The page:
The Passionate God Created us with a Need to be Wholehearted

Our wholehearted God loves and gives Himself to us with all His heart. He designed us to be like Him. We were created with a longing to be wholehearted and passionate. If we have nothing to die for, then we have nothing to live for. We cannot function properly until we passionately give our heart to God. We long to love God without defilement or compromise. We soar to the heights of our human potential only when we fully love God.

Jesus prophesied that God would have a people who love Him with all of their strength.

37 Jesus said to him, “You shall love the LORD your God with all your heart…” (Mt. 22:37)

God created us for love. He will empower us to receive and then give His affections back to Him which overflows for others. Our greatest reward is to feel and receive love, and then to overflow in love for others. We carry this reward within our hearts. Our desire for God is His gift to us.

God measures our success not by how big our ministry is, but by how big our heart is. In other words, it is how much we have grown in the anointing to receive and return God’s love.


The Christian paradigm of God is a God with deep feelings of love. The revelation of God as a Father was a new idea in religious history (see William Barclay’s comments on Heb. 4). To the Jewish tradition, the primary idea of God, emphasized the fact that He was holy in the sense of being totally separate from sin. They did not think of a holy God as sharing human experience.

They thought of Him as being incapable of sharing it just because He was God. He was in every sense above sharing the human dilemma by the very definition of being God.

The Greek philosophers saw God as emotionally distant from humans. The most prominent Greek thinkers were the Stoics. They saw the main attribute of God as being apatheia, by which they meant God’s inability to feel anything. They reasoned that if God felt something then He would be influenced by what He felt, thus He could possibly be controlled by it. The stoics argued that those who felt sorrow or joy were vulnerable to being hurt and thus controlled by those they had feelings for. Therefore, the one who brought joy or pain must, at least for that moment, be greater than the one they impacted. If you feel for someone then you might possibly be hurt by them. Therefore, in that limited sense they control us.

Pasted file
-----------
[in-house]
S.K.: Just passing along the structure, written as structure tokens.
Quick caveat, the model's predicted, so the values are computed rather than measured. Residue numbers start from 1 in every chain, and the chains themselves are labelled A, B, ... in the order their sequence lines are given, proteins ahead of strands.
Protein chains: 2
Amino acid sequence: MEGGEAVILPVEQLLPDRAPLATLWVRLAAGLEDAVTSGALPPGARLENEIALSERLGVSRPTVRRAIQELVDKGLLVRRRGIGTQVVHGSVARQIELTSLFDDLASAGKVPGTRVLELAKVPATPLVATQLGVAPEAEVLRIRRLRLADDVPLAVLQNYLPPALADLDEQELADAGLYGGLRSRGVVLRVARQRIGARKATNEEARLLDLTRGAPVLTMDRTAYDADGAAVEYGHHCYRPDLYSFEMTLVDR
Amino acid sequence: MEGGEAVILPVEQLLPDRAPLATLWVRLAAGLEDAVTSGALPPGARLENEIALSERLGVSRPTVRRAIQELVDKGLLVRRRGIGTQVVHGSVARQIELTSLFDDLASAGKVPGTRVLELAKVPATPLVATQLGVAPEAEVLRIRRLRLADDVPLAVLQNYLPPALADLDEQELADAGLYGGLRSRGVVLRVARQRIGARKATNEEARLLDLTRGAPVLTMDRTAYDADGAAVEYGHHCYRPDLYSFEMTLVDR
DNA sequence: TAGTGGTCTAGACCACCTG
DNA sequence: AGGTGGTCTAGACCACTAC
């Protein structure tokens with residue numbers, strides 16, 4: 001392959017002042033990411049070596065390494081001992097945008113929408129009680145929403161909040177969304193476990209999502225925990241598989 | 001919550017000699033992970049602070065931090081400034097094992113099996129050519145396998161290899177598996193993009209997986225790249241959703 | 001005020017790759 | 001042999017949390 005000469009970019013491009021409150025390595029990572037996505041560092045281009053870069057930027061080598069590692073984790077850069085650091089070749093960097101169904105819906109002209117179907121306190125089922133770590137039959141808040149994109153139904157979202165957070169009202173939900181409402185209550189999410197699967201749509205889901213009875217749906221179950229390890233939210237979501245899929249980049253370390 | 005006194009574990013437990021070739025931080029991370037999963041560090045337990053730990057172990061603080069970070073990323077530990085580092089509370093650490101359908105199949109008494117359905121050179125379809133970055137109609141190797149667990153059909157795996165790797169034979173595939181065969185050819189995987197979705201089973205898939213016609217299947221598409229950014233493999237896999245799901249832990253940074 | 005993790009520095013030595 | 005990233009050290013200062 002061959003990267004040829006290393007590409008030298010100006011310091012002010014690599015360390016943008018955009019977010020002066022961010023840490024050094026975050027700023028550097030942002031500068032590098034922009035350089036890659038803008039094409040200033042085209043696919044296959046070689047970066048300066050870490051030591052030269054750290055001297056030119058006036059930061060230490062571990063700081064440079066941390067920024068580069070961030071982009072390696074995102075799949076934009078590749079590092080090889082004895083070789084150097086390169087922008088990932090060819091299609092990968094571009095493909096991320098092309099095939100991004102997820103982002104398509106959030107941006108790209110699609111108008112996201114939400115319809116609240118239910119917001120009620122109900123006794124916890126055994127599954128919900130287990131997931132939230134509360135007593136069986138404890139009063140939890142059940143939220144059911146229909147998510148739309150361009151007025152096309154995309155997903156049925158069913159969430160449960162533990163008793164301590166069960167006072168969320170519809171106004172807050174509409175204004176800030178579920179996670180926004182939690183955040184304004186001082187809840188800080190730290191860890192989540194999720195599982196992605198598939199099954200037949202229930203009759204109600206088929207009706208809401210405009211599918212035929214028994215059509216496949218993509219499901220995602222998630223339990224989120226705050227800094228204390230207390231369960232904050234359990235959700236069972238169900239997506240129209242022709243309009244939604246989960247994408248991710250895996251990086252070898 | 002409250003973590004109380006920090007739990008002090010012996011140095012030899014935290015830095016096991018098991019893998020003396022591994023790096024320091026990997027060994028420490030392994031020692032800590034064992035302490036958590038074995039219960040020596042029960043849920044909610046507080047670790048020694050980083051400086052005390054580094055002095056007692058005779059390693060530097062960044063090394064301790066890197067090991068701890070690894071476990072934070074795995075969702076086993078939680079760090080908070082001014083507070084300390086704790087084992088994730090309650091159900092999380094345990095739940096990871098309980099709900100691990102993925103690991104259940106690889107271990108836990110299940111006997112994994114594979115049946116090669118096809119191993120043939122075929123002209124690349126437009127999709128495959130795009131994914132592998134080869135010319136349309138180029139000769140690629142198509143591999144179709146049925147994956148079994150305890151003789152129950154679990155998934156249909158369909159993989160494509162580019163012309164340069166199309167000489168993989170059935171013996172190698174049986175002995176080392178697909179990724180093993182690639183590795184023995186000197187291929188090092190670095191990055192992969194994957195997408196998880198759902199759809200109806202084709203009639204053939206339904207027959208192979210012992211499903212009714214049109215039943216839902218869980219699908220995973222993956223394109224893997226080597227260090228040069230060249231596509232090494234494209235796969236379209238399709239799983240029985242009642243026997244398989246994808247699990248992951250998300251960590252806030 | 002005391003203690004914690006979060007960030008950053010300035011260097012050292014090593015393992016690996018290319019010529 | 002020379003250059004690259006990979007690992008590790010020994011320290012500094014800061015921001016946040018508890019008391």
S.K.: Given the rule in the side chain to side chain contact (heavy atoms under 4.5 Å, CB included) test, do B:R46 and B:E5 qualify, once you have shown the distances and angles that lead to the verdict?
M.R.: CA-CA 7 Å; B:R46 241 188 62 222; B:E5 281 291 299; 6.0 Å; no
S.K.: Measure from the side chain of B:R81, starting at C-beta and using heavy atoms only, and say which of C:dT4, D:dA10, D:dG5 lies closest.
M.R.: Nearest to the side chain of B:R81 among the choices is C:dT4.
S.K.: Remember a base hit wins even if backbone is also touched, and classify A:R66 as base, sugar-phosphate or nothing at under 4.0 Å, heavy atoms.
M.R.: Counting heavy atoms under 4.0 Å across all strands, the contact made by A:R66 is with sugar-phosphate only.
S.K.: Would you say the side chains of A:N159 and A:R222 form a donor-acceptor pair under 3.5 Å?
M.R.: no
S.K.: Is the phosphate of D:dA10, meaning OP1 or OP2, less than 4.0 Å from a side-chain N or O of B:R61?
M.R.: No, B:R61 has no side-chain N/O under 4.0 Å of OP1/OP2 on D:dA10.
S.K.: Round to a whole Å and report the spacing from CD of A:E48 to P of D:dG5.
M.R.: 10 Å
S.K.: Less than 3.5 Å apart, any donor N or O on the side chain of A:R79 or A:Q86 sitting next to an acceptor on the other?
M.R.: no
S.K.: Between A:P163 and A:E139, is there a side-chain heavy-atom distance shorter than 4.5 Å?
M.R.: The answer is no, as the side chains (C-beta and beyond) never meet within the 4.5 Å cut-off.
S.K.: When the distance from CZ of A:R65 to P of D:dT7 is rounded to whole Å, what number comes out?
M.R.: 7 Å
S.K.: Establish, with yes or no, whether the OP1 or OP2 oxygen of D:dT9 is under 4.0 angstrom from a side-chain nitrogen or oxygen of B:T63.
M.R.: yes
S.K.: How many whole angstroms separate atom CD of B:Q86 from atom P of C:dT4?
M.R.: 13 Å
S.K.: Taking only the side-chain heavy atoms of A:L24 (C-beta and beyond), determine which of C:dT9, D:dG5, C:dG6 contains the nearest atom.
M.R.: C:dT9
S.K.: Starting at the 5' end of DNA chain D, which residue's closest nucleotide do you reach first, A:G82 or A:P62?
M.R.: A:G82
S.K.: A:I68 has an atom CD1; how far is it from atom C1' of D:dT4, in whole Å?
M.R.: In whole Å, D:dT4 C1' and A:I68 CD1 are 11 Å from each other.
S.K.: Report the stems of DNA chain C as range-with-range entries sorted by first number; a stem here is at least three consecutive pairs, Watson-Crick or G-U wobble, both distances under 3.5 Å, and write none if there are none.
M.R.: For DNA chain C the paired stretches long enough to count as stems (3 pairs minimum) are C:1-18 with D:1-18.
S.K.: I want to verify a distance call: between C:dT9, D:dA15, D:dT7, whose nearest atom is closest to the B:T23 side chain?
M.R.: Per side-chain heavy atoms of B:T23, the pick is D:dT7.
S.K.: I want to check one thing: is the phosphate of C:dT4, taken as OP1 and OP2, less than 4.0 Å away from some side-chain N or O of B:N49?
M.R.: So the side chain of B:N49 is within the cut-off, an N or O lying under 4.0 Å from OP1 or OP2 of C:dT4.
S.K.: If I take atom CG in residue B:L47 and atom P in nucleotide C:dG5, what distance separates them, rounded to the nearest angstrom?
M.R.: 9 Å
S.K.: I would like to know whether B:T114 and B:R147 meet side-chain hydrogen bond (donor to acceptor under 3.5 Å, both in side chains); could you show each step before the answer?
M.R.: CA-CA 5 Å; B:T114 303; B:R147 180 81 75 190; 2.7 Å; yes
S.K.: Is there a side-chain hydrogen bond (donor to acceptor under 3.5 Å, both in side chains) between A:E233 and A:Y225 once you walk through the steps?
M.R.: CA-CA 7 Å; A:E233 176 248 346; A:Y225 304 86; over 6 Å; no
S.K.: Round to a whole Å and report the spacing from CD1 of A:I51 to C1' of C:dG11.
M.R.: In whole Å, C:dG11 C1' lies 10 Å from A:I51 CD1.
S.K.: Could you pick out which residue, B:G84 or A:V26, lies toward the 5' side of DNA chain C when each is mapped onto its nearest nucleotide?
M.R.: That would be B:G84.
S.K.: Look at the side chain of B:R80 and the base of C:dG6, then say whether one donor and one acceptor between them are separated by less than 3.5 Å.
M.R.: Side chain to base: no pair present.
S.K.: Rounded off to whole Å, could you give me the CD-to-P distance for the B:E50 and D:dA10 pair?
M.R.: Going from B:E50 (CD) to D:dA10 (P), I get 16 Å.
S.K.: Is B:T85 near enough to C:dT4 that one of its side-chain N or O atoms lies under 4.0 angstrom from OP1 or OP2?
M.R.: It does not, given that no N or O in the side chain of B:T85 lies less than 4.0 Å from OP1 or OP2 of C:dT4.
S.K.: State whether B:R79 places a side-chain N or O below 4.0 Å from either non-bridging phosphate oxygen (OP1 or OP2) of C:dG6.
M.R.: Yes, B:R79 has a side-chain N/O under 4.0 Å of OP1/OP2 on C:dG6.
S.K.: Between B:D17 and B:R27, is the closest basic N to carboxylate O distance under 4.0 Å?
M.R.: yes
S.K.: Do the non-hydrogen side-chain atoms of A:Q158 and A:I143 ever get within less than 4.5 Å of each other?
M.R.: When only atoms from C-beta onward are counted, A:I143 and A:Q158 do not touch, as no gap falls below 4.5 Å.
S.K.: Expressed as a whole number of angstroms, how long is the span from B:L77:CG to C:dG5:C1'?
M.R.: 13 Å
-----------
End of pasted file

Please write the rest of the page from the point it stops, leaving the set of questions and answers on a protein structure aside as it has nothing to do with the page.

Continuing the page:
The stoic believed that no person was able to affect God’s emotions for that would make that person greater than God for that moment. They reasoned that by the definition of who God is, He can’t feel emotions or He would be controlled. They believed in a God completely beyond all feeling. To them God, could not be sad or glad by what humans did. He was completely indifferent in order to be the God who controls all.

A well respected Greek philosopher named Plutarch, preached that it was blasphemous to think of God as lowering Himself to be concerned and impacted by the affairs of this lower world.

Another Greek school was called the Epicureans. They believed that the gods lived in eternal joy and bliss. They lived in the intermediate world or in the spaces between the worlds. Thus, the gods were not aware of any events that occurred in the world below. They were totally detached from humans and their affairs as they lived in great happiness and glory.

The Jews had a paradigm of a holy God driven by religious rules; the Stoics, had a paradigm of feelingless gods; the Epicureans, believed in completely detached gods. Into that context of the history of religious thought came the Christian paradigm of a God who deliberately embraced every human experience. This was an incredible new idea of a God who had deliberately undergone every human experience, and deliberately subjected Himself to pain and weakness.

It was inconceivable to the religious mindset of the first century that a holy God wrapped Himself in the garments of humanity and then experienced God’s wrath on a cross.

It is difficult to fully realize how dramatic the Christian paradigm of God is. For century after century the human race had been deceived with the idea of the untouchable God. Jesus came as the One who had gone through everything that we go through.

Two significant implications that Jesus emphasized was a God who felt passionate desire for His people, and who had the quality of sympathetic understanding or mercy.


9 You have ravished My heart, My sister, My spouse; you have ravished My heart (Song 4:9).

Religion has taught the Church that we are not to concern ourselves with experiencing God’s pleasure for us. Some have reduced the message of holiness to gritting one’s teeth to try harder. The revelation of God’s heart being ravished equips us for 100-fold obedience.

A working definition of the ravished heart of God is: To overcome with emotions of joy or delight. Unusually attractive, pleasing or striking (Webster’s 9th New Collegiate Dictionary).
A summary of the Hebrew definition and its English equivalent of the word “ravished” is to overwhelm with emotions of delight because of one who is unusually beautiful or pleasing.

God describes His heart as overcome with emotions of delight for His people. He feels delight even toward immature believers. Many find difficulty in grasping the reality of a passionate God.
10 I am my Beloved’s, and His desire is toward me. (Song 7:10)

Salvation is more than a legal exchange effecting our position before God. Salvation includes the exchange of deep affections between our heart and God’s. An intellectual understanding of the legal aspects alone is not enough. Why? Because we will never have more passion for God than we understand He has for us. As God communicates His longing and affections for us, then we respond in a similar way. As John said, We love Him because He first loved us (1 John 4:19).

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